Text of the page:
|The Mighty Aerobiz|
posted by Mel. on 4/03/01
As we scratched on the surface of during our last daytrip into Rankle Hell, the 16-bit revelations of the early nineties were a defining step in the evolution and identity of the video game industry. It could be summed up to straddling a warped torpedo into the black unknown--these games lay fast and fixed firm at the center of our prepubescent worlds, and we had no choice but to follow their jetwash. That translated into every imaginable trend as well: the CD follies of '93, the 64-bit teasings, the action masterpieces and the pre-turnabout TH*Q offerings. The 16-bit bitch was a harsh mistress at times, but we were suckers for a pretty face and glossy splash spread. Where the graphics and sounds couldn't yet carry us, we had imagination to fill in the blanks.
The growing pains of the young new industry were also a time of identity--for us, and for them. A programming label's whole Id could be judged on the strength of a single title. If we shucked up the fifty bucks to buy a bomb, our wrath was mighty. On the sheer strength of the fickle kid dollar, game houses like Capcom and Konami secured a legacy that saw out the decade. When the expectations and judgements were doled with an executioner's hand, a lot started to ride on the monthly release schedule. In its own odd fashion, a little twist of fate that twelve-year-olds could call their own, the cogs and scales of programming politics became heavy. Serious. Just as the developers were defined by their product, so was our geek status solidified by what titles we favored. It wasn't just the same old tired politico of the SNES-Genesis bipartisian bullshit, either: there were geeks, there were -geeks-, and then there was Schwah.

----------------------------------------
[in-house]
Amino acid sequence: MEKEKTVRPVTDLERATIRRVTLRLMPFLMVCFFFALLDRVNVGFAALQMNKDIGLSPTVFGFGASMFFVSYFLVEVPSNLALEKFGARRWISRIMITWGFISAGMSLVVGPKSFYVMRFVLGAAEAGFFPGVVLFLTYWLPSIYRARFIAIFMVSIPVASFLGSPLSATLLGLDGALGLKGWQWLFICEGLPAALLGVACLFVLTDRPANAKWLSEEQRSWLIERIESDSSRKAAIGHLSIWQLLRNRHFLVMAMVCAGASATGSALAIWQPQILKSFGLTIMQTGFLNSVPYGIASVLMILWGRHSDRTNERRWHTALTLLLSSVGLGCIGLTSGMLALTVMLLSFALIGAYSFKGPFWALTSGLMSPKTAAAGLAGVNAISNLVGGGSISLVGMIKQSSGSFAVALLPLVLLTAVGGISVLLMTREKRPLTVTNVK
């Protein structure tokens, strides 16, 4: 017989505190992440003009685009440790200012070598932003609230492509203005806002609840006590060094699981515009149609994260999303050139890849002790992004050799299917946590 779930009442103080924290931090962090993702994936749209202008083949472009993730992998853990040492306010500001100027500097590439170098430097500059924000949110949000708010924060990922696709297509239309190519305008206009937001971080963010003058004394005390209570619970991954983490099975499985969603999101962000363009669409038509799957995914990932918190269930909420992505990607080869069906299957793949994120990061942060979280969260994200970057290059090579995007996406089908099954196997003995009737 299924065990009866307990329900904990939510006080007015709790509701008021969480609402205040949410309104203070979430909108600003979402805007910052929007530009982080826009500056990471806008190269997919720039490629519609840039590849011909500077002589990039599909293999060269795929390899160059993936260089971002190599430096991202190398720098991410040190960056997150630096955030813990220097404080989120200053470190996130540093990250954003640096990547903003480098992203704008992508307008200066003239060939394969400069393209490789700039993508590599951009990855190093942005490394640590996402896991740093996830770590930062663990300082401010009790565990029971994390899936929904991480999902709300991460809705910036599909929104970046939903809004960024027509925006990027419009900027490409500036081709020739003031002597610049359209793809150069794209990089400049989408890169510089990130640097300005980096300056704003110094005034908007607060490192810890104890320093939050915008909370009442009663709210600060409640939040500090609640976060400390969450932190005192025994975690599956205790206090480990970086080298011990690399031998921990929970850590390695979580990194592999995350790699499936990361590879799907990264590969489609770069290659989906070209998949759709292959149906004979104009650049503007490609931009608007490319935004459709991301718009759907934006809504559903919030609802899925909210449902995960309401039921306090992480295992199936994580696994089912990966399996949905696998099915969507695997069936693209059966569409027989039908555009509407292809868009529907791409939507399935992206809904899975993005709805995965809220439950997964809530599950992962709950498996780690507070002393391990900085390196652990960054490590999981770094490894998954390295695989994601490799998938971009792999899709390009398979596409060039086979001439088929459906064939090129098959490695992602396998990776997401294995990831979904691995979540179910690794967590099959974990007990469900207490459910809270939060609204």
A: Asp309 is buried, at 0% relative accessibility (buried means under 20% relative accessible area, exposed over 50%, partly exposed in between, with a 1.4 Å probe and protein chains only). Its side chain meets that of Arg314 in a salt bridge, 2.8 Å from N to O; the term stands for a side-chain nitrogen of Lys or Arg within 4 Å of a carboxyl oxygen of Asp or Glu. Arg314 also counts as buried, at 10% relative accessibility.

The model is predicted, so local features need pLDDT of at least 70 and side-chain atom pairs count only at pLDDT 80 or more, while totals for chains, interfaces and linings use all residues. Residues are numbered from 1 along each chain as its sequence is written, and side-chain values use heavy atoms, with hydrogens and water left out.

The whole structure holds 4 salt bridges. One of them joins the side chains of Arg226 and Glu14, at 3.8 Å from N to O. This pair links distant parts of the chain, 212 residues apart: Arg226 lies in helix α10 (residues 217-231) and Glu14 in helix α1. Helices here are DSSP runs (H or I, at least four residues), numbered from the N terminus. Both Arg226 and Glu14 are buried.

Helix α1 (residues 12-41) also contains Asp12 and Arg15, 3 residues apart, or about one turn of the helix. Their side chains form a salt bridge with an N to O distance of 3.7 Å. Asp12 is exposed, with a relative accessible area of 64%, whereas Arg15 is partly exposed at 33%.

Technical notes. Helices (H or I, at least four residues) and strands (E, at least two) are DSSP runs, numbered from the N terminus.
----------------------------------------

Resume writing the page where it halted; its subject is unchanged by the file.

Our attack patterns on the expansive software market were chaotic. We'd go gung-ho over NBA Jam one week, then suddenly be lusty for a seven-hour session of globetrotting in Top Gear II. Our lack of reason was what usually brought us to some of the better disappointments and buried diamonds of the era, but let's face the brass tacks--when you're surfing over some twenty or thirty new titles every month, you've gotta be your freak. And so we were.